1. Make a request to purchase their work at your local library
I get it, not everyone can shell out $30-50 for a DVD of every rare movie they want to see. But you know who does have that kind of money? Your library. Hurry up and do it quickly though because libraries often will limit their collections to things that came out within the last year or two.
2. Check out their work from your local library
Did you know that libraries pay royalties to the artists every time you check something out? Did you know that libraries are also a great way to find all those hard to find often out of print works that continue to become obscure as mediums shift. Did you throw out your old DVD player? Don’t have a blu-ray? No problem! Most libraries are now offering streaming video. As long as you have a library account you can now stream anything from Joanna Hogg to Chantal Akerman in good conscience.
3. Review their work
So many times I go to check out a movie on imdb, letterboxd or amazon and find nothing in the review section. Get in the habit of writing reviews for the stuff you like, even the stuff you don’t like telling people not to waste their time! Bad reviews have prompted me to write good ones to counter people’s opinions I thought were wrong. Good ones have helped me watch movies I might not otherwise have seen. I’ve also used reviews to give trigger warnings or to warn people off poor prints of movies. They’re useful and they help people discover great art.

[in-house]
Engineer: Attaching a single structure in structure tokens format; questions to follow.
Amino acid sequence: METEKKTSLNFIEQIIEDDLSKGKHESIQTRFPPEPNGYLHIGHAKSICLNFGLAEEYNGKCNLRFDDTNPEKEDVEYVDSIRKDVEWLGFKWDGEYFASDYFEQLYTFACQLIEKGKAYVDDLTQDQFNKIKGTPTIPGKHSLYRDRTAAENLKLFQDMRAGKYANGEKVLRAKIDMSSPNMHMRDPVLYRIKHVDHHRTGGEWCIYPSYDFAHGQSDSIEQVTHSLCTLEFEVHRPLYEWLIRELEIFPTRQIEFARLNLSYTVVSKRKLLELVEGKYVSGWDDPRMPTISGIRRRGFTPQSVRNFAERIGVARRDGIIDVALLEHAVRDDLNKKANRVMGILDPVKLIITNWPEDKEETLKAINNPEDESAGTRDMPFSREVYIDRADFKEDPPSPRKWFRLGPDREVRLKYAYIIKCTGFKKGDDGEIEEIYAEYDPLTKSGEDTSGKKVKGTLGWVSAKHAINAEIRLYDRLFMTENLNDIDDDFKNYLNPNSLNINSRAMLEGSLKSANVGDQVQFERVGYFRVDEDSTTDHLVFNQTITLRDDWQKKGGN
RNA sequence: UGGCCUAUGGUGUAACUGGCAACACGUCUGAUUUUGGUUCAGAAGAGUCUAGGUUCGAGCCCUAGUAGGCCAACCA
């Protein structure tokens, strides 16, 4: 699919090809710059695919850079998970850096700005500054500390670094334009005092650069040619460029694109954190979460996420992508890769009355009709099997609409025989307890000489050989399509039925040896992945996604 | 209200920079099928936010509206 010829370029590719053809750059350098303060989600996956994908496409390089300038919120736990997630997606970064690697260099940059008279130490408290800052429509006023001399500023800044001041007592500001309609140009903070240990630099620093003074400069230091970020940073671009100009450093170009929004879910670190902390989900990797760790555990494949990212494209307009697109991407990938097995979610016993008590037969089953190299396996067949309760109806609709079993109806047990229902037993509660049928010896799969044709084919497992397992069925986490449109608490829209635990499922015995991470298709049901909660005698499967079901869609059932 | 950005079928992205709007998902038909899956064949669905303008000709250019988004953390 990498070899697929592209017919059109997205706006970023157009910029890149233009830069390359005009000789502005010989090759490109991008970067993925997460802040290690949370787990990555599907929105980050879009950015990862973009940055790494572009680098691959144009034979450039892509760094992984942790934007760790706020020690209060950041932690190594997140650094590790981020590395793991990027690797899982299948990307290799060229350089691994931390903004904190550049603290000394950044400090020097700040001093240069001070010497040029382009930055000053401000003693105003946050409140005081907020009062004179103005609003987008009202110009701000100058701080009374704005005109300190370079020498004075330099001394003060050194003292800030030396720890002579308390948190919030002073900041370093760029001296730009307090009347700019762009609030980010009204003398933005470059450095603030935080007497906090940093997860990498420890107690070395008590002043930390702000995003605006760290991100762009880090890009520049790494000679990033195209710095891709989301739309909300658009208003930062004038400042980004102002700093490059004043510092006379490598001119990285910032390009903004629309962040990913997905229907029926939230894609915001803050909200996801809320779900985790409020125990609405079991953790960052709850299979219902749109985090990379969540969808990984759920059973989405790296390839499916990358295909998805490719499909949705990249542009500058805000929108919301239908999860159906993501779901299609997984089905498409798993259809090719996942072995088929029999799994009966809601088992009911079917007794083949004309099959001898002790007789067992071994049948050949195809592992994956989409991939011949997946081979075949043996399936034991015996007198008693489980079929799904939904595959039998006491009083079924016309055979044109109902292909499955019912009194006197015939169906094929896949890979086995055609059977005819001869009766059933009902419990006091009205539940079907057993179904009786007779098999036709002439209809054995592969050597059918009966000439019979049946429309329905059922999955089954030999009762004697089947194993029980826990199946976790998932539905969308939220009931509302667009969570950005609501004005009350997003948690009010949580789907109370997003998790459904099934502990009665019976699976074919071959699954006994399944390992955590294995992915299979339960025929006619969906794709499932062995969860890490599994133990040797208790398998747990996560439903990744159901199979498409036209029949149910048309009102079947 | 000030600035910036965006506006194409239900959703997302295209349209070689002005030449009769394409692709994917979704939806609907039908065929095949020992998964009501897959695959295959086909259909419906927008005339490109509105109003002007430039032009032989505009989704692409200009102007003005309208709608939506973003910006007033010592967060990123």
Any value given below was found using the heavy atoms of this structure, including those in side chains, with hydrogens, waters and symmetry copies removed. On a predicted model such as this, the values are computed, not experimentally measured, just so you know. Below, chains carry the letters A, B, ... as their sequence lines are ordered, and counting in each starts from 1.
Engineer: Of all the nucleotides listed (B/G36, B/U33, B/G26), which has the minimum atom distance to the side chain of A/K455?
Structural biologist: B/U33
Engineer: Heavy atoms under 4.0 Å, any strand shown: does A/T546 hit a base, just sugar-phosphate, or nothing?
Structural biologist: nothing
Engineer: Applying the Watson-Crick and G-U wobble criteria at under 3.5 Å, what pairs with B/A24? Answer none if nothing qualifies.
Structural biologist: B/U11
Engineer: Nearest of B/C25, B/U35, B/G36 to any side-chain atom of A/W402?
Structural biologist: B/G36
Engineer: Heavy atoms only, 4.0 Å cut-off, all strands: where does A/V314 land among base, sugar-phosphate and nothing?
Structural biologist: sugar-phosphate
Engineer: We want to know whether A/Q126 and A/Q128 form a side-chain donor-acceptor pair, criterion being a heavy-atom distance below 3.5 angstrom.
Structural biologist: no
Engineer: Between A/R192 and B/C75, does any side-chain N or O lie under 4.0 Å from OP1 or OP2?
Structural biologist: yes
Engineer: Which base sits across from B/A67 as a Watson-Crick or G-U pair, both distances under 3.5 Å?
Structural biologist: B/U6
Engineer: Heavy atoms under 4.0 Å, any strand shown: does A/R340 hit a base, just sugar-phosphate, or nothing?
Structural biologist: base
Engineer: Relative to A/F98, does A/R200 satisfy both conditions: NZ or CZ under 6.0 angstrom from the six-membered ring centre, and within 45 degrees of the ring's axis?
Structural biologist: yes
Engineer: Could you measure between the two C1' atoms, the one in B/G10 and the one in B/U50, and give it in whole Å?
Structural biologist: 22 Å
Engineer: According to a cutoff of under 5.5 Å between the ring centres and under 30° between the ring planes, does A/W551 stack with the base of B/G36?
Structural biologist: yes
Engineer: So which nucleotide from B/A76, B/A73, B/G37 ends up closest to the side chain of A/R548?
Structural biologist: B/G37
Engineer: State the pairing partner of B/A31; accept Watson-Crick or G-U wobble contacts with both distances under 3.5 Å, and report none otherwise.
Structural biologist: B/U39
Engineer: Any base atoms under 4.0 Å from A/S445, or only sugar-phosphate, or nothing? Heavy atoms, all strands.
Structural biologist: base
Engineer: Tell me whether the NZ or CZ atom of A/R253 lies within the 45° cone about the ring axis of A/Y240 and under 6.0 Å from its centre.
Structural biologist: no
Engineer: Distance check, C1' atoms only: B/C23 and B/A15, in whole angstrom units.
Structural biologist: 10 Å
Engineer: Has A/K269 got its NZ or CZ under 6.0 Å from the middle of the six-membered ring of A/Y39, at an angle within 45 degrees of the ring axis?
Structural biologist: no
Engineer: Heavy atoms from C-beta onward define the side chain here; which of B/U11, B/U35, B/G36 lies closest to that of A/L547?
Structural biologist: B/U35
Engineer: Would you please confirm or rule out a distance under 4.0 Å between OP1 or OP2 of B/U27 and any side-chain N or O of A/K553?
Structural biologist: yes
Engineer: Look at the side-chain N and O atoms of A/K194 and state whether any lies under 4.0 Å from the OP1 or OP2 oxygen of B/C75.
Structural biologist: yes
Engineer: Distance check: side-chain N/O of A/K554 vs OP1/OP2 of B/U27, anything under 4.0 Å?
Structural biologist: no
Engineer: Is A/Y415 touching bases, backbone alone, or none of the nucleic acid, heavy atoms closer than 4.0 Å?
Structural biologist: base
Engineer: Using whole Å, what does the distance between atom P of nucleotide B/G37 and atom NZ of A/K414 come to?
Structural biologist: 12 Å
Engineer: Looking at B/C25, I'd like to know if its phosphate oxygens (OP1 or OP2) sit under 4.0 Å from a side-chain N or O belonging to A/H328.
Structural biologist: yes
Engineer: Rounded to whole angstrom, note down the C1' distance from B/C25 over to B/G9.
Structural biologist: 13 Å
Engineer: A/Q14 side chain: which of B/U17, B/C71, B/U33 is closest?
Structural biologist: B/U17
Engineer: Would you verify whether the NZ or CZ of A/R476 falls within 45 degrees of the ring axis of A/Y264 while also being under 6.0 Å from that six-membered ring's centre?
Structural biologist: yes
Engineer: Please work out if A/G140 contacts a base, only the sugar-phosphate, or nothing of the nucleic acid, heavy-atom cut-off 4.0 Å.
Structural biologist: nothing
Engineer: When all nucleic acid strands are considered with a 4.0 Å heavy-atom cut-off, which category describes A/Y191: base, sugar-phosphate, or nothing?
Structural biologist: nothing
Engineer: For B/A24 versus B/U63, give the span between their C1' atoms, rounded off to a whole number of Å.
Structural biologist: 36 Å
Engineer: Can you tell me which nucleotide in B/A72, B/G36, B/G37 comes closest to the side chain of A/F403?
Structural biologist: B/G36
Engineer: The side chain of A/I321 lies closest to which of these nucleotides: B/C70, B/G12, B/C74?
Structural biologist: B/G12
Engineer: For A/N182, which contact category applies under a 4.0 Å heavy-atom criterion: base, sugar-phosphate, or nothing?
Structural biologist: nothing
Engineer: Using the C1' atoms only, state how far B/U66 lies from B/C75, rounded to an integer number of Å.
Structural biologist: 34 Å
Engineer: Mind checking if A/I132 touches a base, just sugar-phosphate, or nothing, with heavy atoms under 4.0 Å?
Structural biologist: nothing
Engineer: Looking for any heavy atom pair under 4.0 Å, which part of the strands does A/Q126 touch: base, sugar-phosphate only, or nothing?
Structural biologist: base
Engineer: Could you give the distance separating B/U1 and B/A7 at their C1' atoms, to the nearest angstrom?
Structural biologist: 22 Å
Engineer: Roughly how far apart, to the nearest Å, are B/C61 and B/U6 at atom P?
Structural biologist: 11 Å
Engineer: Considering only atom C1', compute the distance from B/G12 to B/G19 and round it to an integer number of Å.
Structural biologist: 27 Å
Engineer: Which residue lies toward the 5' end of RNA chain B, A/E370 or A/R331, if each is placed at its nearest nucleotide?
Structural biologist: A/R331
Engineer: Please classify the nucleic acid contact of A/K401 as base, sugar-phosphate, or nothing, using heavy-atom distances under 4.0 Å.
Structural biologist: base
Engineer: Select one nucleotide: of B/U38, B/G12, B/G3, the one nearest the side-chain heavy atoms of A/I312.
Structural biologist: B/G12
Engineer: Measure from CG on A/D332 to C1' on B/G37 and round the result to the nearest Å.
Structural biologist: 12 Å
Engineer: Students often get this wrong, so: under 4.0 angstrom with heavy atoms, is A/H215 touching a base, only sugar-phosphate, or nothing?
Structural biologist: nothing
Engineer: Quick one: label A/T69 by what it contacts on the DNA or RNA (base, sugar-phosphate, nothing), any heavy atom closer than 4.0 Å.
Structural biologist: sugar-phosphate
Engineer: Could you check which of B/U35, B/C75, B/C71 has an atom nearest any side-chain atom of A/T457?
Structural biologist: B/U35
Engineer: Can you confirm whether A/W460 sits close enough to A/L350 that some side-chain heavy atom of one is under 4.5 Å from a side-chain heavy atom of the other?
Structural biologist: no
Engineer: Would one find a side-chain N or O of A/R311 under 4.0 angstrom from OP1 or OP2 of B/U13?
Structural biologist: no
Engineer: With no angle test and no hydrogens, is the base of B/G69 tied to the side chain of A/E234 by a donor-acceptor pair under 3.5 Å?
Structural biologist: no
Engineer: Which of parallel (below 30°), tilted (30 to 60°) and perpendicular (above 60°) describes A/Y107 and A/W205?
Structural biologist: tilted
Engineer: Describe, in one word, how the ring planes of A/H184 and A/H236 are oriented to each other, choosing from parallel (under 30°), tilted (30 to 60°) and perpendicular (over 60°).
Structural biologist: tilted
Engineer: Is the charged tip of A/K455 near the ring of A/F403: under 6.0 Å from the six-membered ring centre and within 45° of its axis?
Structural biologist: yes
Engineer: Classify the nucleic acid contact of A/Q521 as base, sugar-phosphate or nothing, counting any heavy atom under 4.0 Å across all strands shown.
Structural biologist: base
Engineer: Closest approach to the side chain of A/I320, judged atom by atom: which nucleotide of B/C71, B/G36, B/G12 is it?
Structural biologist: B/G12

4. Follow their social media accounts
Increasingly we’re living in an era where social media is a kingmaker. People make professional connections their all the time but I’ve been dispirited to see so many talented wonderful directors who barely have any followers. This is a great way to interact with directors you like and get updates on their projects right from the source.
5. Fill out their wiki pages
There is nothing more depressing than when I Google a filmmaker to find out more about them and find their wiki page woefully out of date, if it exists at all. Wiki has a huge problem with a lack of female contributors and this translates into a lack of pages on women filmmakers and their work. After you watch a movie, go to its wiki page and see if it has a summary. If not, write one! If you watch a movie and notice that there’s no biographical info on the director create a page.
For experimental Lomographers, the route to unpredictable and strangely charming images is through multiple exposures and film soaking. We couldn’t help but wonder about Polina Washington’s secret brew: somehow, her photos emit the haunting, magical, and mysterious effects that we can only dream of.